Candidates for Master of Divinity and Master of Arts in Christian Leadership at Eastern Mennonite Seminary are required to complete a capstone or ministry specialization project. Their study, research and exploration is tailored to their individual ministry setting and interests, with the goal of empowering their ministry and formation as well as providing a resource to others in the seminary community.
Barbara Bowman: “Every Body has a Story”
This capstone explores questions and possibilities available to us through our human bodies. From birth to death our sacred life story is being created through our physicality. The body provides messages that inform how we think, feel, and act. By exploring the energy system of the body we can develop trust in that internal wisdom so as to most fully live in harmony – harmony within oneself, harmony with others, harmony with the environment in which we live and harmony in our relationship with God. For it is God who created us in God’s image and sent His son Jesus to join us in our humanity. The presentation, drawing on my experiences as a chaplain and a healing touch practitioner, explores why we may hesitate to trust ourselves to even have internal wisdom, what it means to acknowledge our internal wisdom, and why this exploration matters both to individuals and to church bodies.
Noah Goss: “The Third Temple Period”
This capstone lays out a contextual and exegetical study of biblical temple imagery. It then addresses how the Apostle Paul draws on that imagery in his proclamation: “Your body is the temple of the Holy Spirit” (1 Cor 6:19-20). This study provides the foundation for an exploration of the work of fitness training, and how that work can benefit participants spiritually and physically. A vision of compassionate ministry emerging from fitness training is articulated.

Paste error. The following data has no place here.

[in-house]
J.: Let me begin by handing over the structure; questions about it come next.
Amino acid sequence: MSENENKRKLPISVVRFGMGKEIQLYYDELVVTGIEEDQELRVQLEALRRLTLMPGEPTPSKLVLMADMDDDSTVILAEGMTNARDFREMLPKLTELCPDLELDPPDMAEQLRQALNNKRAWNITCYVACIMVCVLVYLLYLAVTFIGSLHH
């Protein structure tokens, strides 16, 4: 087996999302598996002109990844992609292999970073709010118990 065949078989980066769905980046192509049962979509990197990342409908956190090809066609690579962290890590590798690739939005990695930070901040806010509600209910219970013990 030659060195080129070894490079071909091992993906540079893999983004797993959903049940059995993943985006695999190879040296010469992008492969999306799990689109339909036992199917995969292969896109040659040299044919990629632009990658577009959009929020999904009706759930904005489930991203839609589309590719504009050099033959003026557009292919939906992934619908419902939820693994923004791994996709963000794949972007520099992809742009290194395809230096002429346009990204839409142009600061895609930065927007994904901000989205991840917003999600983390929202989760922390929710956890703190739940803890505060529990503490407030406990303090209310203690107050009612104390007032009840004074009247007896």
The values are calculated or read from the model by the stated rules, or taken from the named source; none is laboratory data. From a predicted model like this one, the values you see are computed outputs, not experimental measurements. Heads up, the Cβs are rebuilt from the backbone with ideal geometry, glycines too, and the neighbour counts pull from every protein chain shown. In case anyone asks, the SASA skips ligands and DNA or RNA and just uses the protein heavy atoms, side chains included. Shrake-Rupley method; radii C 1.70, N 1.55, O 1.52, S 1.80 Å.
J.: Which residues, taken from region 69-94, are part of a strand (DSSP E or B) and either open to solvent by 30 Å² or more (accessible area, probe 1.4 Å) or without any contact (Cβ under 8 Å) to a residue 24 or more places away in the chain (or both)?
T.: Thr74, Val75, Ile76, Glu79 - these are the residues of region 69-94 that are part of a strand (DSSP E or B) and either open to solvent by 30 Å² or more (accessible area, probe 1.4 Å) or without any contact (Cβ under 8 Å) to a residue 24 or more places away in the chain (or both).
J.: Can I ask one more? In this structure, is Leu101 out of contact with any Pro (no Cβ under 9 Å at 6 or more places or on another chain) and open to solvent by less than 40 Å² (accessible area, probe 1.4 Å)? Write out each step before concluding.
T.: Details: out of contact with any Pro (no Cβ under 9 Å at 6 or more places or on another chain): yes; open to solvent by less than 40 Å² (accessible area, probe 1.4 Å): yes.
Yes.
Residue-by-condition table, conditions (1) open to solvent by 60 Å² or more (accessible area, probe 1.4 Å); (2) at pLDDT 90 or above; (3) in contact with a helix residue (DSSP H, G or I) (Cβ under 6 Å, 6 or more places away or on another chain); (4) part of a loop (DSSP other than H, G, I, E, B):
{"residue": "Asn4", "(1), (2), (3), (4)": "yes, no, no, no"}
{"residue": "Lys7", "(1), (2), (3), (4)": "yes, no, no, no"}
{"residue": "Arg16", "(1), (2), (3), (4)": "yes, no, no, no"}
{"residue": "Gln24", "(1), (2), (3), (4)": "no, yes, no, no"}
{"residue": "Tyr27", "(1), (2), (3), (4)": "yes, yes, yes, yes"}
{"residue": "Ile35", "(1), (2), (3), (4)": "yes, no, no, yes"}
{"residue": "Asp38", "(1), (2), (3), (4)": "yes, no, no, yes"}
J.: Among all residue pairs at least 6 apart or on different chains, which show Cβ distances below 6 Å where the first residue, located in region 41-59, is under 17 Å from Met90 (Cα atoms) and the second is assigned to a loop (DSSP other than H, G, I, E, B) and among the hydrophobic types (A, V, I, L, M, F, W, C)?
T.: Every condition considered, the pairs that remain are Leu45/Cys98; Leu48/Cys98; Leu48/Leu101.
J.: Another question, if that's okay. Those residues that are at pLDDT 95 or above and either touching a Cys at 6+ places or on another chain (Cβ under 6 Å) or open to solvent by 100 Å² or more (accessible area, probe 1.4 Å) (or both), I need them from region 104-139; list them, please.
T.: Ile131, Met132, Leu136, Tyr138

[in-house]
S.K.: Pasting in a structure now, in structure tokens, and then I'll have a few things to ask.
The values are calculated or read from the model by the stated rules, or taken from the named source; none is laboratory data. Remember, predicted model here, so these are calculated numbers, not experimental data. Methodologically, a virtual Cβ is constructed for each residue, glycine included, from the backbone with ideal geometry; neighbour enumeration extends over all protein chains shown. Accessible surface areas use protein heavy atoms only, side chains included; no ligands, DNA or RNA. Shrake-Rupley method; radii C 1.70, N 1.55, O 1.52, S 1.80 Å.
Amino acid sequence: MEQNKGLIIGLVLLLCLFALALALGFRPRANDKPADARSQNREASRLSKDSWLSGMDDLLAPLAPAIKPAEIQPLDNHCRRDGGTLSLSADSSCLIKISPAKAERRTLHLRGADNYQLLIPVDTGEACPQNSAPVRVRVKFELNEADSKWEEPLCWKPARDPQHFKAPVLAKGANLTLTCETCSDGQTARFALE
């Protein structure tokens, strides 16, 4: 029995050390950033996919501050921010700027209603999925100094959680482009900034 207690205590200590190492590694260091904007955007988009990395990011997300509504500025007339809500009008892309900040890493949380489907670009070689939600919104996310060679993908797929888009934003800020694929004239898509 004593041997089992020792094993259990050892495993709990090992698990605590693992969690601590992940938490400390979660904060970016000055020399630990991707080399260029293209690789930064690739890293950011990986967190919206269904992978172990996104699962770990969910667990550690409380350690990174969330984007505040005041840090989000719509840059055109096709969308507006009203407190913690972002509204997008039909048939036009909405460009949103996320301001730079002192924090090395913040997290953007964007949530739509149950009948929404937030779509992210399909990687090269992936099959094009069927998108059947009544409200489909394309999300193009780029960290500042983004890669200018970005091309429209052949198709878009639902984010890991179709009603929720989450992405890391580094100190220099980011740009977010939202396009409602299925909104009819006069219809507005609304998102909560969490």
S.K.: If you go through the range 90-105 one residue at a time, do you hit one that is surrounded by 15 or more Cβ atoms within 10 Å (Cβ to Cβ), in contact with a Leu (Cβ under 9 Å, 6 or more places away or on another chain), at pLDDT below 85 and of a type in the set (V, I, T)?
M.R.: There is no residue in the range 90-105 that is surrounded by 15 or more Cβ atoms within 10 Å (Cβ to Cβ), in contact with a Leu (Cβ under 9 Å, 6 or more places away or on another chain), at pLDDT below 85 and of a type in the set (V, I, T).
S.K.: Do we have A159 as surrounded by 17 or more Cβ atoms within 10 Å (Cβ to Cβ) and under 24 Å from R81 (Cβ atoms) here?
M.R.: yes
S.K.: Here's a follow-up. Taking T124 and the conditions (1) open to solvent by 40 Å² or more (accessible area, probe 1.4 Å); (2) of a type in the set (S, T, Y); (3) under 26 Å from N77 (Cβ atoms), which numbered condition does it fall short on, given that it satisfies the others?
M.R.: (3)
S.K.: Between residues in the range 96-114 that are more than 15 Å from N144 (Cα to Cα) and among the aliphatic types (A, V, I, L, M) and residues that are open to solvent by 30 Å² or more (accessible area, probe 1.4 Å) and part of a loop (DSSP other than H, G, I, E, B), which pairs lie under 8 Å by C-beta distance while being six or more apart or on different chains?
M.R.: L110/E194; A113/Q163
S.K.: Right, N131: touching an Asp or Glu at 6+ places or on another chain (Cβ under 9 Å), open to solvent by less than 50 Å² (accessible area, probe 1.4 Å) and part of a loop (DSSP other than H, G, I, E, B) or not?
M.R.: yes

Furst Jenkins: “The Church of What’s Happening Now”
My ministry will look critically at the problems substance abusers face when living on the street, seeking recovery, and coming out of prison. As an outreach program, it will identify individuals through community-based services, recovery homes, probation officers, churches, and referrals. It will identify the needs of the people who seek help, and then find ways to meet those needs. This church will develop concepts from the work we do in “Street Ministry” that will help to empower these individuals to see God in their everyday lives. These members will need encouragement to learn how to meet their needs, while becoming productive members of society by looking at new ways and practices of love empowered by Jesus Christ our Savior based on the concept of the Good News stemming from the work of evangelism and from the use of Bible Studies that place them in their own stories.
I will use restorative justice practices, Hope and Healing reclaiming matters of the heart, weaving spiritual practices, Bible studies, Twelve Step-based approaches, and referrals to faith-based counselors, pastoral counseling, and community and professional services in order to provide needed services which this project does not. This proposal brings “The Church of What’s Happening Now,” which is based on “Street Ministry Programs,” to identify those who seek help with drug addiction and connect them with Healing Refuge Fellowship and other service programs.